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Is TikTok A Threat? Why Congress Is Freaking Out Over Alleged Data Collection

Elected officials from both sides of the aisle have grown concerned with social media app TikTok and the and user data it collects

Elected officials from both sides of the aisle have grown concerned with social media app TikTok and the amount of user data it collects.

Rep. Kat Cammack questioning TikTok CEO Shou Zi Chew during the House Energy and Commerce Committee hearing on data privacy and child protection in Washington, DC on March 23rd, 2023. NATHAN POSNER/BENZINGA

“TikTok collects nearly every data point imaginable, from people’s location to what they type and copy, who they talk to, biometric data and more,” Republican U.S. Rep. Cathy McMorris Rodgers said during a grill session on Thursday, which saw TikTok CEO Shou Zi Chew answer Congress members’ questions for five hours.

Much of the fear stems from various reports in which company employees, who have since been fired, used location services to spy on reporters.

Chew defended the social media company against the allegations and the insinuation the app poses a national security threat to Americans.

It’s important to note that TikTok’s data collection isn’t all that different from other social media companies such as Facebook and Instagram, both of which are run by Meta Platforms Inc. The Mark Zuckerberg-run company uses data to help advertisers target certain demographics.

The big difference is that TikTok is owned by ByteDance, a company based in Beijing. Because of the nature of China’s government, U.S. officials worry that ByteDance is beholden to the Chinese government, putting the privacy of TikTok users at risk. 

Chew had stated in his opening statement that ByteDance is owned by 60% by investors, 20% by the investors, and 20% by the employees around the world. The board members in are 5 people, which 3 of the members are American. He stated that TikTok itself, as the subsidiary, is headquartered in Singapore and Los Angeles, California.

“[Chinese citizens] must cooperate with Chinese intelligence whenever they are called upon, and if they are called upon they’re bound to secrecy. That would include you [TikTok CEO Shou Zi Chew],” Republican U.S. Rep. Dan Crenshaw said at the hearing Thursday.

TikTok CEO Shou Zi Chew listens to questions from U.S. representatives during his testimony at a Congressional hearing on TikTok in Washington, DC on March 23rd, 2023. NATHAN POSNER/BENZINGA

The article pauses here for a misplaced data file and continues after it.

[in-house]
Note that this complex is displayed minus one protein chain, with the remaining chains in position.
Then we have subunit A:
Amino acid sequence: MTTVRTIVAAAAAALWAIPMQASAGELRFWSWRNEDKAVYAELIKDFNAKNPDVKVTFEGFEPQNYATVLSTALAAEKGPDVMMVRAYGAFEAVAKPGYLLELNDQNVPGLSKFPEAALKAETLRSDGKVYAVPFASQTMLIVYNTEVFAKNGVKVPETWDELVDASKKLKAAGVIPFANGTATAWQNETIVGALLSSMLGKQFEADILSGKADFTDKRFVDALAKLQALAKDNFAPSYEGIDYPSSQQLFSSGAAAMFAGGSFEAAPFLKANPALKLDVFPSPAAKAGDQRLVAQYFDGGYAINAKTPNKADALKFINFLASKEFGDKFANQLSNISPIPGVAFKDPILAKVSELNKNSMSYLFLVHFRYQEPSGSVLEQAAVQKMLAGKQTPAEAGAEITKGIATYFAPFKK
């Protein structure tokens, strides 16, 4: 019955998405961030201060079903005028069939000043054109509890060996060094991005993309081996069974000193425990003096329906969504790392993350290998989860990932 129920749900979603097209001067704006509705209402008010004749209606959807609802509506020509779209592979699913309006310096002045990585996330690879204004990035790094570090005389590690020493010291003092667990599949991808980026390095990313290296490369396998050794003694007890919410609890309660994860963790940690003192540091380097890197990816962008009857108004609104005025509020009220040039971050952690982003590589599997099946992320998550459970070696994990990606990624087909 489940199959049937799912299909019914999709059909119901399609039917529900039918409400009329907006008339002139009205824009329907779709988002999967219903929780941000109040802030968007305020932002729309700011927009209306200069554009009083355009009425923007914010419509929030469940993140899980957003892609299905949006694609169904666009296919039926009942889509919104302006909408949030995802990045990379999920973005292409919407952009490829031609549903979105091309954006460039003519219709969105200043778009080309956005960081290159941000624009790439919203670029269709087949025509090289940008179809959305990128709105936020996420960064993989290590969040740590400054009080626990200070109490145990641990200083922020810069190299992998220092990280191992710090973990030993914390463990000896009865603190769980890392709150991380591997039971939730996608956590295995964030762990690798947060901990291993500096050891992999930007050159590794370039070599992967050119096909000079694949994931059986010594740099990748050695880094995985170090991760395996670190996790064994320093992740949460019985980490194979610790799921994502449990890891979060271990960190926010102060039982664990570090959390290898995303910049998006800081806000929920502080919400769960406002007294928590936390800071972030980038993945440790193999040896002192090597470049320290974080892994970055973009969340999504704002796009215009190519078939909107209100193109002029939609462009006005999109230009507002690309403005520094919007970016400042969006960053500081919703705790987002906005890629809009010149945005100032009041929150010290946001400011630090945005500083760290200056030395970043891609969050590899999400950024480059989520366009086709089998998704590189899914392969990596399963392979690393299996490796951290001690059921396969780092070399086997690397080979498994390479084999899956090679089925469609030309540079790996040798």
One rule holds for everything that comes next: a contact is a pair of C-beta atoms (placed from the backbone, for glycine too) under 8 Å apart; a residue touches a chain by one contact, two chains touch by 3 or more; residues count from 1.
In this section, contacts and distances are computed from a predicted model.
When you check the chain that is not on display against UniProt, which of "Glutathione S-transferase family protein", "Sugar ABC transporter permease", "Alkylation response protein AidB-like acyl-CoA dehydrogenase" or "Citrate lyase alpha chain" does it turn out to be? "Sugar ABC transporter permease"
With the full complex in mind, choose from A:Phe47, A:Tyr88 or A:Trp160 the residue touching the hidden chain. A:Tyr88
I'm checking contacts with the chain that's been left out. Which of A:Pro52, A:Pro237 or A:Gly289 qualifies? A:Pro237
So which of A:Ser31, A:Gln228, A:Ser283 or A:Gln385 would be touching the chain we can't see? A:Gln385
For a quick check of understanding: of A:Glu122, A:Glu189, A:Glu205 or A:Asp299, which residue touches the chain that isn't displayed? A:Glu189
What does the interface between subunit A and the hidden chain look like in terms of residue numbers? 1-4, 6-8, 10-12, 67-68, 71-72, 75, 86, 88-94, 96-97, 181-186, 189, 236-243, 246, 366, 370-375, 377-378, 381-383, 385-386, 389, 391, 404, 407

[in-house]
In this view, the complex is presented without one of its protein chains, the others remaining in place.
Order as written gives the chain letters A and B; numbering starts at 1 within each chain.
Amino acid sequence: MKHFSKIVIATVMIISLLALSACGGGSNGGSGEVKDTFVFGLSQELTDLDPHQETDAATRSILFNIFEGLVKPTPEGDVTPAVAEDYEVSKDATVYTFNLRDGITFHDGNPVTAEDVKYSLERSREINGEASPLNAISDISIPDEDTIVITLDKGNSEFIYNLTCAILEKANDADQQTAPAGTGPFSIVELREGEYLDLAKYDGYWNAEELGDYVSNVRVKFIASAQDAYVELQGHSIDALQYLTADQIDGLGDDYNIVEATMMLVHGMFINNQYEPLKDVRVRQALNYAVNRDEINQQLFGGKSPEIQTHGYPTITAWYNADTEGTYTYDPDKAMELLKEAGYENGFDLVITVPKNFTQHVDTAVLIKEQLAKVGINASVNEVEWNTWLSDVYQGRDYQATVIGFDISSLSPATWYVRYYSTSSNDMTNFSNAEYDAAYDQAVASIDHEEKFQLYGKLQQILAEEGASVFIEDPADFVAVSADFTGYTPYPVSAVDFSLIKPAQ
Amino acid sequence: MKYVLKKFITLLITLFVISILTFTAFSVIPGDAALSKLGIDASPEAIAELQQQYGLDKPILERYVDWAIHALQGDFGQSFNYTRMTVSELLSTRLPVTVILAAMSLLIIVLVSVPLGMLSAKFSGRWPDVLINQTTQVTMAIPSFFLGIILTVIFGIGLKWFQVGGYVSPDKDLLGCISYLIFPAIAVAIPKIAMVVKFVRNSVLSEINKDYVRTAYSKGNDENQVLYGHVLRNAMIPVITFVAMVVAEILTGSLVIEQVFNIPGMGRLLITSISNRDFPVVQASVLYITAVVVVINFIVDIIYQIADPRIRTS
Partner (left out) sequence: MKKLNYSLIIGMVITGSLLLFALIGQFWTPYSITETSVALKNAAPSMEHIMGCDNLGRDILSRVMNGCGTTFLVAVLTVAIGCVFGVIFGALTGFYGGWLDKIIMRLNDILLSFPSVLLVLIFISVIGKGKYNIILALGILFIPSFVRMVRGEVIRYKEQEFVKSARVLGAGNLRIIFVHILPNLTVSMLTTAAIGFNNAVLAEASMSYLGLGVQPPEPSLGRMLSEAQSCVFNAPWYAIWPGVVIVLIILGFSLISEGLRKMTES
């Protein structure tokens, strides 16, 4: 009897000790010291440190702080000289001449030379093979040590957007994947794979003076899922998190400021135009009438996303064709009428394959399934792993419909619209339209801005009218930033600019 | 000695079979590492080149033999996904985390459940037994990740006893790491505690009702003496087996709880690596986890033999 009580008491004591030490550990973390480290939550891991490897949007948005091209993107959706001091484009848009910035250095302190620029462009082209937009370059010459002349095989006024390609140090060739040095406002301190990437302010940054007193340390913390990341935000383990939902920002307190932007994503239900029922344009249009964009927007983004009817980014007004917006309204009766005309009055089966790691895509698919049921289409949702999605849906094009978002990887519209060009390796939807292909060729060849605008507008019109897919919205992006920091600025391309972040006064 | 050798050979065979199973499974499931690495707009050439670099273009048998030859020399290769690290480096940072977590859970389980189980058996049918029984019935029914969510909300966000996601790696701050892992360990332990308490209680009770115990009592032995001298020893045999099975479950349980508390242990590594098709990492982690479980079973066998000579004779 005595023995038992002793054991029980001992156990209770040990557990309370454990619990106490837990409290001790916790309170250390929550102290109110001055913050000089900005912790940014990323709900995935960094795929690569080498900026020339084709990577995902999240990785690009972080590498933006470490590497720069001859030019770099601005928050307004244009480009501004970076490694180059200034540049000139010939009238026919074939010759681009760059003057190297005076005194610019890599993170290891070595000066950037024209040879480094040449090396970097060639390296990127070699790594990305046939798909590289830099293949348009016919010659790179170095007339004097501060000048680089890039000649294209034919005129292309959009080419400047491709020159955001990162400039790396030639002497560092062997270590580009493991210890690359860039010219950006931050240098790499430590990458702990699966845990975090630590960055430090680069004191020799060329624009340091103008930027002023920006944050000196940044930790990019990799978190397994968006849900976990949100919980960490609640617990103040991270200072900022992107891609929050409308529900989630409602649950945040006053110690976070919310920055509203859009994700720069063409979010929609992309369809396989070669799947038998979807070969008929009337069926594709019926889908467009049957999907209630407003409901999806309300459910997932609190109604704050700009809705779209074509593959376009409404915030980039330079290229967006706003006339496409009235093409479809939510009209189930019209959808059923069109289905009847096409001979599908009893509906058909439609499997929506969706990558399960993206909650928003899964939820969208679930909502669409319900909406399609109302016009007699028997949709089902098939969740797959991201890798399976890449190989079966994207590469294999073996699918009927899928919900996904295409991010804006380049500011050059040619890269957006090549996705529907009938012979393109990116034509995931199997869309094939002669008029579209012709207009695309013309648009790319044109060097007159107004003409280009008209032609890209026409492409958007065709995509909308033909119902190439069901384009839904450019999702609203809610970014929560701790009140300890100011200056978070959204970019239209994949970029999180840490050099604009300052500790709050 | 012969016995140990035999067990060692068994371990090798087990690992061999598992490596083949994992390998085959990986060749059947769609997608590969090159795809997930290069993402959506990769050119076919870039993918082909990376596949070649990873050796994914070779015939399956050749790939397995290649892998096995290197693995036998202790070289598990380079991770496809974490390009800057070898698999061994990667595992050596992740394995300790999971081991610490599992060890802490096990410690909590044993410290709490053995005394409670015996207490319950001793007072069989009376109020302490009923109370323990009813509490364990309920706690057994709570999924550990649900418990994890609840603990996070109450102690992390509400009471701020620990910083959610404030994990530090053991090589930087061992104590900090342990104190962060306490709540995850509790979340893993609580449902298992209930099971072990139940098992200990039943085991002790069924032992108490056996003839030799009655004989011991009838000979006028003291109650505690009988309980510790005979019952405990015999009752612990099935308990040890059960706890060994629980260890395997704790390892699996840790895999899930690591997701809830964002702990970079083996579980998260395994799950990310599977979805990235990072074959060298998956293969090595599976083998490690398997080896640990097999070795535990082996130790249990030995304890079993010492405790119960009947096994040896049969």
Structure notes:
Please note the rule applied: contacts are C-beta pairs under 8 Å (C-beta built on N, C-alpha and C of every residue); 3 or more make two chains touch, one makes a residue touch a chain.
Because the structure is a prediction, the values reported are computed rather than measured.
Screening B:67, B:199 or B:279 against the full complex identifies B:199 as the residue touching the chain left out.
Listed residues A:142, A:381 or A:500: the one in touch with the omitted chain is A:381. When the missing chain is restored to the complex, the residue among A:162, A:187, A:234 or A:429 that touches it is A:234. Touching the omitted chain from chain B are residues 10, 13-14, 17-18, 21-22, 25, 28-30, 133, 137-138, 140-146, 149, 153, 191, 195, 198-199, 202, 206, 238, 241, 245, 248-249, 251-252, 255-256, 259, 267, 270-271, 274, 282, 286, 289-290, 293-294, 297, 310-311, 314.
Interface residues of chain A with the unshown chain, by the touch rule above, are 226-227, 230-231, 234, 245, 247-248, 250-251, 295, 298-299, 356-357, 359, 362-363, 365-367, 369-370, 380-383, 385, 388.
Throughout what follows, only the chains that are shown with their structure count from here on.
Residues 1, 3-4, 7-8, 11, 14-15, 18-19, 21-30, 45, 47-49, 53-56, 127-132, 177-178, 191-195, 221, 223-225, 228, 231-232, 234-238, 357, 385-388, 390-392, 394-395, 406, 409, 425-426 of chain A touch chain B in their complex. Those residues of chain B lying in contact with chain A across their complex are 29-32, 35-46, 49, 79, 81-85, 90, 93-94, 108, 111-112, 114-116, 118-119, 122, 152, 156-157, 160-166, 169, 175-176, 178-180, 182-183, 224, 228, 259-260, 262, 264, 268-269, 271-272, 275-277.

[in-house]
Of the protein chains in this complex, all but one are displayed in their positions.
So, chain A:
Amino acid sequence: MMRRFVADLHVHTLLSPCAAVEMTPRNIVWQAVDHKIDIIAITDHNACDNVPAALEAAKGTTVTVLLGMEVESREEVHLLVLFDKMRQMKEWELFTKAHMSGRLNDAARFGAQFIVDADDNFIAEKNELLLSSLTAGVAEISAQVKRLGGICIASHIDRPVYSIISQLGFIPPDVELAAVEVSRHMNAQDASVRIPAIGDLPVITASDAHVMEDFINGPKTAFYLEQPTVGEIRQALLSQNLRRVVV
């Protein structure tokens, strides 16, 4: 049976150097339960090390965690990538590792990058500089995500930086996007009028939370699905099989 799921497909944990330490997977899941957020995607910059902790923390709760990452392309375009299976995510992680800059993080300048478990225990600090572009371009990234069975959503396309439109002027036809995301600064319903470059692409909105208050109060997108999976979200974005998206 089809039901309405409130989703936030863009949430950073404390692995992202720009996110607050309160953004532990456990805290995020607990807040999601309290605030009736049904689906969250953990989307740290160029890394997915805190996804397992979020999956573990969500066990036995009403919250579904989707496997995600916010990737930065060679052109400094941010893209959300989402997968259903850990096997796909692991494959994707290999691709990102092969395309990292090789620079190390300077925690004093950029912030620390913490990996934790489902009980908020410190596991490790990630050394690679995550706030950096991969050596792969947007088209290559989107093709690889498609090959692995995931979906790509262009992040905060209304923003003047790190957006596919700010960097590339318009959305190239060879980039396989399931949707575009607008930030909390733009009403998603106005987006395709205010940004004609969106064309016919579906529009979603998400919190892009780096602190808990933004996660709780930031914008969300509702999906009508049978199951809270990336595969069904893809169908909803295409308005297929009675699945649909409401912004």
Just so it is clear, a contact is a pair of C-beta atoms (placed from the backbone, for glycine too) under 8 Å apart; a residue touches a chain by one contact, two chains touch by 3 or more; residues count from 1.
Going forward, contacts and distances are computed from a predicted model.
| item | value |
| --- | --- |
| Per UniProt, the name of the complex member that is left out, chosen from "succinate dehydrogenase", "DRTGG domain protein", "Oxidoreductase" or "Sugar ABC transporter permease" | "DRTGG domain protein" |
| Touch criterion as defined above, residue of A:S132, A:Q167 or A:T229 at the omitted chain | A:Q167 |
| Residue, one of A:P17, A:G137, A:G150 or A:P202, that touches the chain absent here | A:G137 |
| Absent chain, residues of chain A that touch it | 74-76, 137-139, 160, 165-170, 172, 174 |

Chew responded to Crenshaw, clarifying that he is Singaporean, not Chinese. Additionally, Chew said that ByteDance is not beholden to the Chinese government, despite allegations to the contrary: “Let me state this unequivocally: ByteDance is not an agent of China or any other country,” Chew said.

TikTok had censorship policies in place in 2019, but has rolled those policies back, the company said.

TikTok maintains that it does not send U.S. data back to data centers in China. The company also denies that it even houses U.S. user data at its own data centers.

The social media company has a deal with the American company, Oracle Corporation, and said it moved all of its U.S. data to Oracle centers last summer following claims that TikTok staff in China could access Americans’ data. 

Still, legislators remain worried about TikTok’s data collection, given its wide use among young people and the fact that regulators have less control over what happens with the data because it is owned by a foreign company.

President Joe Biden, like his predecessor President Donald Trump, is urging ByteDance to sell the U.S. division of TikTok to an American company to allow U.S. officials to better police the platform.

Rep. Alexandria Ocasio-Cortez (D-NY) slammed the plans to ban TikTok from the United States as Congress had expressed concerns on privacy on data.

“Why should TikTok not be banned? First of all I think it’s important to discuss how unprecedented of a move this would be,” she said.

Other states that include Florida, Texas, and Oklahoma have banned TikTok on government-issued held devices due to security concerns.

If there is a national ban of TikTok, companies like Meta, Snap Inc and Alphabet Inc will likely benefit. 

Produced in association with Benzinga

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